civil-rights usherAs Usher walked out onto the stage, you could tell something sparked within him. Yes, he’s a great singer, performer, and looker, but times are few and far between that we see him outside of that entertainer shell, and at this moment he was extremely human.

He stared out into the audience and recounted his tour of the Museum and said that it made him feel angry, helpless, intrigued, and overwhelmed. “I always say I’m standing on the shoulders of great leaders, but tonight,” he said. “I stand on the shoulders of giant leaders: Martin Luther King, Jr., Malcolm X and Marcus Garvey…We have to make a difference. I really want to make a difference.”

As heads nodded across the audience in recognition and understanding that this man was far more than all of his images, that he actually had an intelligent brain to go along with those looks behind the music. As tears glazed his eyes, he closed his speech with these words: “A man should not be judged by his wealth or popularity, but by his influence and the content of his character.” Usher had certifiably closed the show and left the thousands in that room with something to think about. James Ingram, who had performed earlier in the ceremony, took the stage for the finale with Kirk Whalum.

I sat in my seat thinking deeply, re-aligning my mindset and knowing that I had just participated in history. We all talk about making history, but very few of us actually get to take part in it, especially with the great company I had. I’m not talking specifically about the celebrities, but to the National Civil Rights Museum staff who make it possible year after year for the Museum to expand, educate, and celebrate the history of the past and that which is being made now.

In 1991, when the National Civil Rights Museum opened, I’m sure they knew it was going to be great, but didn’t have any idea it would have surpassed Memphis. It’s an international symbol of progress, opportunity, and influence. You can’t come to this place and leave unaffected. It just doesn’t happen, a proven fact that I heard from the honorees themselves, both in conversation with them and through Twitter, as Usher (@UsherRaymondIV) raved about how he had been affected.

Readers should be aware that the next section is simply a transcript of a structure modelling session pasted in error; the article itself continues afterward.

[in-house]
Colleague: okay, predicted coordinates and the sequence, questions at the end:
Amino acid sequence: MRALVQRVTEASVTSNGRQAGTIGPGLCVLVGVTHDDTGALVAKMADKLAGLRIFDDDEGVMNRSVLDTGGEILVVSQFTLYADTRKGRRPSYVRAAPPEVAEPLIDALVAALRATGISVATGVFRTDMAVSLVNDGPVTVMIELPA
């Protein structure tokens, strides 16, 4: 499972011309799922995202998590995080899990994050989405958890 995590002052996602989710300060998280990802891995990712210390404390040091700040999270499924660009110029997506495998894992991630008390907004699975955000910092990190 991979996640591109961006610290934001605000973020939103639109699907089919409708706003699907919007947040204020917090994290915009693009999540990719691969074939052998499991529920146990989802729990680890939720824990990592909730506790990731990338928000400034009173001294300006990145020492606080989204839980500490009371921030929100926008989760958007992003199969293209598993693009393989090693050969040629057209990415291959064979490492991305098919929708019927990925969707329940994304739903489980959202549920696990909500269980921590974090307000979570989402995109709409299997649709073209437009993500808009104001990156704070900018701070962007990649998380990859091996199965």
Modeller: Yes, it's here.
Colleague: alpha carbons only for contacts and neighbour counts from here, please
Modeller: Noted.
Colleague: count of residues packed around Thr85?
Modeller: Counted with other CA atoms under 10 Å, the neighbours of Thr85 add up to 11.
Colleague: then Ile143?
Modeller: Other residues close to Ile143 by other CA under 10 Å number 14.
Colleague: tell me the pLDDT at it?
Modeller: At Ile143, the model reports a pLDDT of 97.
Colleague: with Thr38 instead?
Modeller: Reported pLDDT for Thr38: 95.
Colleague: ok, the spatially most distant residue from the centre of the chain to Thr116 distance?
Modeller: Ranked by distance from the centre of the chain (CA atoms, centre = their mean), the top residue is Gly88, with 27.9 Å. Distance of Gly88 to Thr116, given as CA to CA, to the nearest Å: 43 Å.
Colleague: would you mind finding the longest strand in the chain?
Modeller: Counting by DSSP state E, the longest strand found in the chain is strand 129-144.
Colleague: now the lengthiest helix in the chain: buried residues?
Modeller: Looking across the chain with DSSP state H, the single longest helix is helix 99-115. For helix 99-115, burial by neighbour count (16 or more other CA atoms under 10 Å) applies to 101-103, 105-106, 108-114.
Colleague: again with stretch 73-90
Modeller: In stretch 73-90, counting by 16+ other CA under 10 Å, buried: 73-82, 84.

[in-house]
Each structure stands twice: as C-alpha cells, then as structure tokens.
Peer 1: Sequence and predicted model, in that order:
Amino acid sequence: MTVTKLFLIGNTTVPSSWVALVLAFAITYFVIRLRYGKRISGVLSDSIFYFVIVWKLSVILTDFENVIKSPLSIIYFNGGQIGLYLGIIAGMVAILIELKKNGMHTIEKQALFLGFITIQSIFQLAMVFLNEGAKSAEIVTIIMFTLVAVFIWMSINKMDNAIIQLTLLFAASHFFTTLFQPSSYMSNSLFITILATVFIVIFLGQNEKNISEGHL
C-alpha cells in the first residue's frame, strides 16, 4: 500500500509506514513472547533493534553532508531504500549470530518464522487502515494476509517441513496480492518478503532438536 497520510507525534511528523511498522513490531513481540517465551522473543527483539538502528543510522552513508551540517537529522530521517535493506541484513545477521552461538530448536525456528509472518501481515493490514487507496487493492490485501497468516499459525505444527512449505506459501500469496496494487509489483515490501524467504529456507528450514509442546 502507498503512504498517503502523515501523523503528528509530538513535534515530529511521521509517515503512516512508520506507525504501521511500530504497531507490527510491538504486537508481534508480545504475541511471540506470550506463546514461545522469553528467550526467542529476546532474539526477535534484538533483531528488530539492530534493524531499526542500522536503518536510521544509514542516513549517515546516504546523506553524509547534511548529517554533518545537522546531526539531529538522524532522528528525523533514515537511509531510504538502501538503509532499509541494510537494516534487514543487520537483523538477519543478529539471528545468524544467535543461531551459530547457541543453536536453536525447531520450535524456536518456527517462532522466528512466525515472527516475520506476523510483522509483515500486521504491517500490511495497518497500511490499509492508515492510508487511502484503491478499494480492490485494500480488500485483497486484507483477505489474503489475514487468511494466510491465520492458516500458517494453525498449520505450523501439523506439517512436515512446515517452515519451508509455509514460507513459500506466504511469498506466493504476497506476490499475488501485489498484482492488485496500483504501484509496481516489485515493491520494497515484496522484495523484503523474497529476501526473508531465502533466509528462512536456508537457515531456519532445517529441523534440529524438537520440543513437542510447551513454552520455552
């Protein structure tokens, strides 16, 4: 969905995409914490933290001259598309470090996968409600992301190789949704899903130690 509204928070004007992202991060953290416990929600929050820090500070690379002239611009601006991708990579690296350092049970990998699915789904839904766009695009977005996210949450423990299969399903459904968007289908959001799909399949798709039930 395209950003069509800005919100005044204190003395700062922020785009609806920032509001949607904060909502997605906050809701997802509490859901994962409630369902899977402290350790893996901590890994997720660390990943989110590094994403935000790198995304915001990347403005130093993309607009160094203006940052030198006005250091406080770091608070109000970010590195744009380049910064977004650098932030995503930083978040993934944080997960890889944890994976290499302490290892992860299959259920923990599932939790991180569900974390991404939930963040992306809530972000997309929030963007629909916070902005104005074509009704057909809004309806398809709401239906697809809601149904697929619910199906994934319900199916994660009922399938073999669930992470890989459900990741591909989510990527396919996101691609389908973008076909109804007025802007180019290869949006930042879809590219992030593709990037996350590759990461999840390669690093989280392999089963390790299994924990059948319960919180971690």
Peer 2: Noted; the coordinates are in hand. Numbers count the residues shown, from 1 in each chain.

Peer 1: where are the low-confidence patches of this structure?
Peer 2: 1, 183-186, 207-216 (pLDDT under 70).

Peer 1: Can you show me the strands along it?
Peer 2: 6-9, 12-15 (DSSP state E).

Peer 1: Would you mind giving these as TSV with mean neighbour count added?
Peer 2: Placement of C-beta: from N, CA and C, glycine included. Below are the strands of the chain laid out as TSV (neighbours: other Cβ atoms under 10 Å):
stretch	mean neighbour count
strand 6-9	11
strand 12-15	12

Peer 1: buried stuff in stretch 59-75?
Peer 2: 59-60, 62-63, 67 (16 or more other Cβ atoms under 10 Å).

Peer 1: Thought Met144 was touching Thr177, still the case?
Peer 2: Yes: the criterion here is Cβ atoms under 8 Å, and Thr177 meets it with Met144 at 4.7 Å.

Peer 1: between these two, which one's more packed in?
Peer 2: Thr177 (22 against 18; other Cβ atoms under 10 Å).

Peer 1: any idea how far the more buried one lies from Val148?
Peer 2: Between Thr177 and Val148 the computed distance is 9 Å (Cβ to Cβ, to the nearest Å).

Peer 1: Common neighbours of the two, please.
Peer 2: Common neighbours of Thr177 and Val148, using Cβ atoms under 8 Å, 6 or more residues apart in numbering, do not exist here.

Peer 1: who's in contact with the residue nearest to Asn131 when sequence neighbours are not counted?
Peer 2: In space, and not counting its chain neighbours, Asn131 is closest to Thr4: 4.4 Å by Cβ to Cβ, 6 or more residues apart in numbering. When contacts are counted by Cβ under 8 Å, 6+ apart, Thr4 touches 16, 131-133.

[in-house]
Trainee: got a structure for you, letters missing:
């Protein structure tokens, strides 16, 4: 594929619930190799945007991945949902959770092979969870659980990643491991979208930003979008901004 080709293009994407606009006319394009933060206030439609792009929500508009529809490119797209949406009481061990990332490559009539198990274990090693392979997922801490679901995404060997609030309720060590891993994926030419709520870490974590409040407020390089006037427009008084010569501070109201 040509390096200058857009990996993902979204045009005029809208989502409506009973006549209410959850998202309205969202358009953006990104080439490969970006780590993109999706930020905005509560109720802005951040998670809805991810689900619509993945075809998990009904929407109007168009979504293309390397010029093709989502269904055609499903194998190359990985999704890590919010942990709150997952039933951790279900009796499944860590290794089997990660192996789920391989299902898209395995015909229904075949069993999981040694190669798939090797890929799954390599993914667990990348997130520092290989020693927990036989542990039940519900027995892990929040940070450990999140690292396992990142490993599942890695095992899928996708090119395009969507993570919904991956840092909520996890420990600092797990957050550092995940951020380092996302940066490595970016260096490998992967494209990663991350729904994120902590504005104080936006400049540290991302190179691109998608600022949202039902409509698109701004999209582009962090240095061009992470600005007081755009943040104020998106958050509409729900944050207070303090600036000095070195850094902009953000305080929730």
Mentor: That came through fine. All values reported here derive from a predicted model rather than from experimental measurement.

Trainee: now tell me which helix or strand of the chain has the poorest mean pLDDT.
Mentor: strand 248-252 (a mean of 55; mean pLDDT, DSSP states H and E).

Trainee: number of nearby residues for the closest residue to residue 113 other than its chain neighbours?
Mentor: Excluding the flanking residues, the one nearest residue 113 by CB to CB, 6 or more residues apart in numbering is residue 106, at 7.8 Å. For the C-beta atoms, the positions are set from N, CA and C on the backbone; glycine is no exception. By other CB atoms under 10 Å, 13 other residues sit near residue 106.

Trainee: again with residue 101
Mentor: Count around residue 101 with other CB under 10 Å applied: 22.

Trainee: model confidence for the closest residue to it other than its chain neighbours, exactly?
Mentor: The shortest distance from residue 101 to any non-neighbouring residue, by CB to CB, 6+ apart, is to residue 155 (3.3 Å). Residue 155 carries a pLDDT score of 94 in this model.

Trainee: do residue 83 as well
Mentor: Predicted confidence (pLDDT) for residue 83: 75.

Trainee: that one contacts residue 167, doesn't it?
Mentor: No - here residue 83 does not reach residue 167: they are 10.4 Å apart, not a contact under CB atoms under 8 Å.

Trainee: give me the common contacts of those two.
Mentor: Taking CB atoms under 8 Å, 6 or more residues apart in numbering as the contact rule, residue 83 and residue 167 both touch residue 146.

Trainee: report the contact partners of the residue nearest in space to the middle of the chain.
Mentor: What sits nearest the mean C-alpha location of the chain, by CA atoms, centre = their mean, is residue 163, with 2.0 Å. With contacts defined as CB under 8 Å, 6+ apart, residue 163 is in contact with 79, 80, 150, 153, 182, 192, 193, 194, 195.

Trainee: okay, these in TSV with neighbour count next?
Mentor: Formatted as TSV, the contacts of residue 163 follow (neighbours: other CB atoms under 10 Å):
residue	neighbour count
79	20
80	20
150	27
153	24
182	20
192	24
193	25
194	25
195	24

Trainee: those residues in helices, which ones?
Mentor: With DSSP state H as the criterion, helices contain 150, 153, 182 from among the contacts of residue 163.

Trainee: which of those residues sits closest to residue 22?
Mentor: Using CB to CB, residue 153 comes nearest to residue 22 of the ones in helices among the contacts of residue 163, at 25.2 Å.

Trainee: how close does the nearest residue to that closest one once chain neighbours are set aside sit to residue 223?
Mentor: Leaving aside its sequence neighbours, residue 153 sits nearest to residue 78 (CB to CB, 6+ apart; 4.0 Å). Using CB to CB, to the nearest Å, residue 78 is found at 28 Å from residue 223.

“Last night being honored in Memphis was one the greatest moments of my career…no my life. Music is Hard work. Philanthropy is Heart work,” he said. While in Memphis I also visited the National Civil Rights Museum. I stood in the very spot MLK was shot down, brought me to tears. Visit it. Visiting the museum was eye opening for me. If you have children and are able to visit…please do. It doesn’t matter what color you are. Though we have overcome a great deal of prejudice and racial tension. Know that, it still exist in America. It’s just silently and subtle.”

And to think I was blessed with the opportunity to be a part of the team. I’m forever grateful to Mrs. Beverly Robertson, National Civil Rights Museum President; Ms. Gwen Harmon, Director of Governmental and Community Affairs; and Ms. Connie Dyson, Communications Coordinator for believing in me enough to give me a chance, and to the rest of the staff for welcoming me with open arms. It has truly been an experience I will never forget, one that will be dear to my heart forever.

Make sure you come and get this experience, too, by visiting the National Civil Rights Museum located at the Lorraine Motel in Memphis: the assassination place of Dr. Martin Luther King, Jr. Follow the Museum on Twitter @NCRMuseum and like it on Facebook. We look forward to seeing all of you soon. | Ashley White